Despite growing recognition of the foundational importance of the early childhood period, the persistence of significant socioeconomic, racial, and ethnic disparities in school readiness remains a challenge.1  This challenge is reflected in decades of program evaluations across multiple sectors revealing modest effect sizes, limited replication of promising interventions, and minimal evidence of significant impact at scale.2,3  In this issue of Pediatrics, Chamberlain et al4  address an important question facing pediatricians: What can be done in a primary care practice to strengthen the building blocks of literacy for children who are not reached by other programs? The contributions of this article fall within two categories. The first includes the findings of the TipsByText (TbT) evaluation. The second, and arguably the more instructive, includes the questions that the study leaves unresolved.

The premise for this investigation is based on the proposition that young children’s access to primary health care in the United States is near universal, thus offering an opportunity to engage families who are difficult to reach through other services (eg, preschool). The rationale for testing an existing intervention that is easy to incorporate within the health care setting is well founded, and the positive overall impact of TbT on children’s knowledge of literacy fundamentals is encouraging.

Although the potential benefits of text messaging for isolated families are promising, a more important contribution of this article is the opportunity to consider the questions it is unable to answer. Namely, what is the value of a statistically significant mean difference between a treatment and control group that is not embedded in an explicit theory of change that connects the intervention to the measured outcome? When that precision and linkage are missing, what are the implications of the findings for either practical application or further investigation?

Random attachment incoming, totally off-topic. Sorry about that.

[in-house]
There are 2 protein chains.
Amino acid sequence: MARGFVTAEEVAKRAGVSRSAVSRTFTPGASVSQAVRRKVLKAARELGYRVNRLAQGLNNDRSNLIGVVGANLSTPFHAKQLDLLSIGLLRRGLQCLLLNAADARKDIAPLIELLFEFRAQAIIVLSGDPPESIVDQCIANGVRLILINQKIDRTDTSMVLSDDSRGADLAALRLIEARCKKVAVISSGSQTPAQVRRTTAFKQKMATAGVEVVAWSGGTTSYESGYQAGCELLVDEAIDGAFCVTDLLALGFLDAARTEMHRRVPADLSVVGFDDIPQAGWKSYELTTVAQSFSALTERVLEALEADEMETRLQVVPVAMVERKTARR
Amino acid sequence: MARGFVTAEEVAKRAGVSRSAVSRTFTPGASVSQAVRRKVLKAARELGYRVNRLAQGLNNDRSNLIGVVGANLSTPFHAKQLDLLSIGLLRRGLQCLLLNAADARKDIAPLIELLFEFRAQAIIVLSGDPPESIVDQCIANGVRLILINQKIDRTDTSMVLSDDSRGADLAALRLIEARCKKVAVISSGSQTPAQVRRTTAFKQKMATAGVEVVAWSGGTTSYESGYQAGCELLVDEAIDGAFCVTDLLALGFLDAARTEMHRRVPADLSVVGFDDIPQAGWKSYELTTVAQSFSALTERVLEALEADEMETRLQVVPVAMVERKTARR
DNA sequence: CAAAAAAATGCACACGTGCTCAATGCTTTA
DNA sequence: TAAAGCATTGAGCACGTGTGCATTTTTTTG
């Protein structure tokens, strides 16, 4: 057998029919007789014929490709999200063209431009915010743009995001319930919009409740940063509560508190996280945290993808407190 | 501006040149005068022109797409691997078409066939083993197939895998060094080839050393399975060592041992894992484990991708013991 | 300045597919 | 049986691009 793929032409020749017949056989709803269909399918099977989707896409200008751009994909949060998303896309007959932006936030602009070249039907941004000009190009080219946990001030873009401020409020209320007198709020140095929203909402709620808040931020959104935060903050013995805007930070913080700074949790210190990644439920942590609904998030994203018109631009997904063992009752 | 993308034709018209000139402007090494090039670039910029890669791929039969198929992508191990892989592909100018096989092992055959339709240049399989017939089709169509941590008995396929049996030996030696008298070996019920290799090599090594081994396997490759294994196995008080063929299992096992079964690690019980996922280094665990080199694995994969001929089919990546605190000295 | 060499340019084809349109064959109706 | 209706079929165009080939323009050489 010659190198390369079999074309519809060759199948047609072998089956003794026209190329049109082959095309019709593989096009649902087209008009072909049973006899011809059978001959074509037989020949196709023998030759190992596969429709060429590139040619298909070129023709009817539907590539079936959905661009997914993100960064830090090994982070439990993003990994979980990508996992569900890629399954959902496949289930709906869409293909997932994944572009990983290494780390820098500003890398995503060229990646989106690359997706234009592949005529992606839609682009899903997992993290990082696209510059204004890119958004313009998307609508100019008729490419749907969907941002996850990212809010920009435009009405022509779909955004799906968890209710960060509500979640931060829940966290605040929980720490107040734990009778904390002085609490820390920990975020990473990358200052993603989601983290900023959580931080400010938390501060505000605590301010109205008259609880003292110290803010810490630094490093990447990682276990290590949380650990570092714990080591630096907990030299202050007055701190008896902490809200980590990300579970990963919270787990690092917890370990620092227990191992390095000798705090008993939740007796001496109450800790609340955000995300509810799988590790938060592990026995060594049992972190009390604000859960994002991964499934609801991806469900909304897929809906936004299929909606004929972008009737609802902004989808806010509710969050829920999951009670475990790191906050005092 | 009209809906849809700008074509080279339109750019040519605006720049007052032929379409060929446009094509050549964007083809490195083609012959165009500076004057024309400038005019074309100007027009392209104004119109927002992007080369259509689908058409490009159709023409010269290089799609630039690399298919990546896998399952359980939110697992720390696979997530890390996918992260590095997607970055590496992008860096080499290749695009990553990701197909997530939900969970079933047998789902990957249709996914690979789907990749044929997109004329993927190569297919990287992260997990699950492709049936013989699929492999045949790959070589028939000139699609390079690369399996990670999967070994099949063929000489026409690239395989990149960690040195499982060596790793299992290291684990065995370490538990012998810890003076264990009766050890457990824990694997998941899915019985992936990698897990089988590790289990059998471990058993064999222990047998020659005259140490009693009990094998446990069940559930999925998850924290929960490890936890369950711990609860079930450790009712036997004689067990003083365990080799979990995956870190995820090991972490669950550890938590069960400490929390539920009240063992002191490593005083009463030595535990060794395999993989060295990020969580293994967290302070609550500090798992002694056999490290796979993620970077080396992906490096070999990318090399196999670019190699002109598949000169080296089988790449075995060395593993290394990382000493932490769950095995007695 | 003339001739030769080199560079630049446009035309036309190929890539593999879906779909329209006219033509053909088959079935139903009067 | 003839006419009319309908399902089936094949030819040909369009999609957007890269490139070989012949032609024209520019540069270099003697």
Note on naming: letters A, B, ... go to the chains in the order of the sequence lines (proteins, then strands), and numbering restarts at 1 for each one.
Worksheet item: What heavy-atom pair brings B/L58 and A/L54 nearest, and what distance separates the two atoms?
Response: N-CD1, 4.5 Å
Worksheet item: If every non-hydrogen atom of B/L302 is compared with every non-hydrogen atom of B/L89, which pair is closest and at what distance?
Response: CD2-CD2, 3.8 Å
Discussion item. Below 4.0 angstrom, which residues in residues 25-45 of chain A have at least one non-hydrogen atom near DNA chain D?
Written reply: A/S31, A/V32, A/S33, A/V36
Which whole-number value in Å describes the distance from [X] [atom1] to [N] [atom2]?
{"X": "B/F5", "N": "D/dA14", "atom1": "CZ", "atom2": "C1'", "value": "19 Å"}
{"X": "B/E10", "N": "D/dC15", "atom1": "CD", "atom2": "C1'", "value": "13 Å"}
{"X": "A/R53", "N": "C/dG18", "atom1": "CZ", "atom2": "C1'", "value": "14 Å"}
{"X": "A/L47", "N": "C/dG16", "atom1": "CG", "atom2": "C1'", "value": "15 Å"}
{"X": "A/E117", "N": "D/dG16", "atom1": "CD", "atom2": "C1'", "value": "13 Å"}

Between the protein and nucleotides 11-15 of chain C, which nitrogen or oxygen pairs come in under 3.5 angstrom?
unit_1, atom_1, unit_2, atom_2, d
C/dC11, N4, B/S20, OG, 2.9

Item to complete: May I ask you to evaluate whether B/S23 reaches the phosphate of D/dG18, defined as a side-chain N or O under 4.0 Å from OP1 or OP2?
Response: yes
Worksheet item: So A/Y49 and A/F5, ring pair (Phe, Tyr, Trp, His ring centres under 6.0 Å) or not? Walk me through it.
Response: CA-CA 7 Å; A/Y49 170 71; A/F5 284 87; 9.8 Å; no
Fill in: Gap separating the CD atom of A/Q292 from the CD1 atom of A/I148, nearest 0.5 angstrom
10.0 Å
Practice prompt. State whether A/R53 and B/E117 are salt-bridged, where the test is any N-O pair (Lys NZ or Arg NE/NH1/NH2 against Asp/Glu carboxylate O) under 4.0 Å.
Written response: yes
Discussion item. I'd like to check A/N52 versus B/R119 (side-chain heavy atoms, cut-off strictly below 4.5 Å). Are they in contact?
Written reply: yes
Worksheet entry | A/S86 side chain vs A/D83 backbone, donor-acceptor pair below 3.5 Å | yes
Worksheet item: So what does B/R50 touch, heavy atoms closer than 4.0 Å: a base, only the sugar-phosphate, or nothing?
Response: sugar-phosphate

More specifically, the theory of change for an intervention that uses text messages to empower parents to improve their child’s early literacy skills assumes that the messages will (1) be received and viewed by parents; (2) inform and motivate them; and (3) lead them to engage in greater interactivity in language exchanges with their children, which in turn will improve early literacy skills. The lack of data in this report on program take-up and parental empowerment, combined with null impacts on parents’ self-reported reading and literacy interactions with their children, generates more questions than answers about the mechanisms through which the intervention affected children’s literacy knowledge.

Similarly, although Chamberlain et al do take the important step to examine subgroup differences in outcomes, the absence of a conceptual framework to guide these analyses makes their interpretation challenging. What meaning can be attributed to the relatively larger intervention effects associated with first-born status, 2-parent families, English-speaking caregivers, and children >48 months of age, with no differences on the basis of caregiver education? Without hypothesized causal mechanisms, how can pediatricians be expected to modify their practice in response to potential variation in intervention effectiveness?5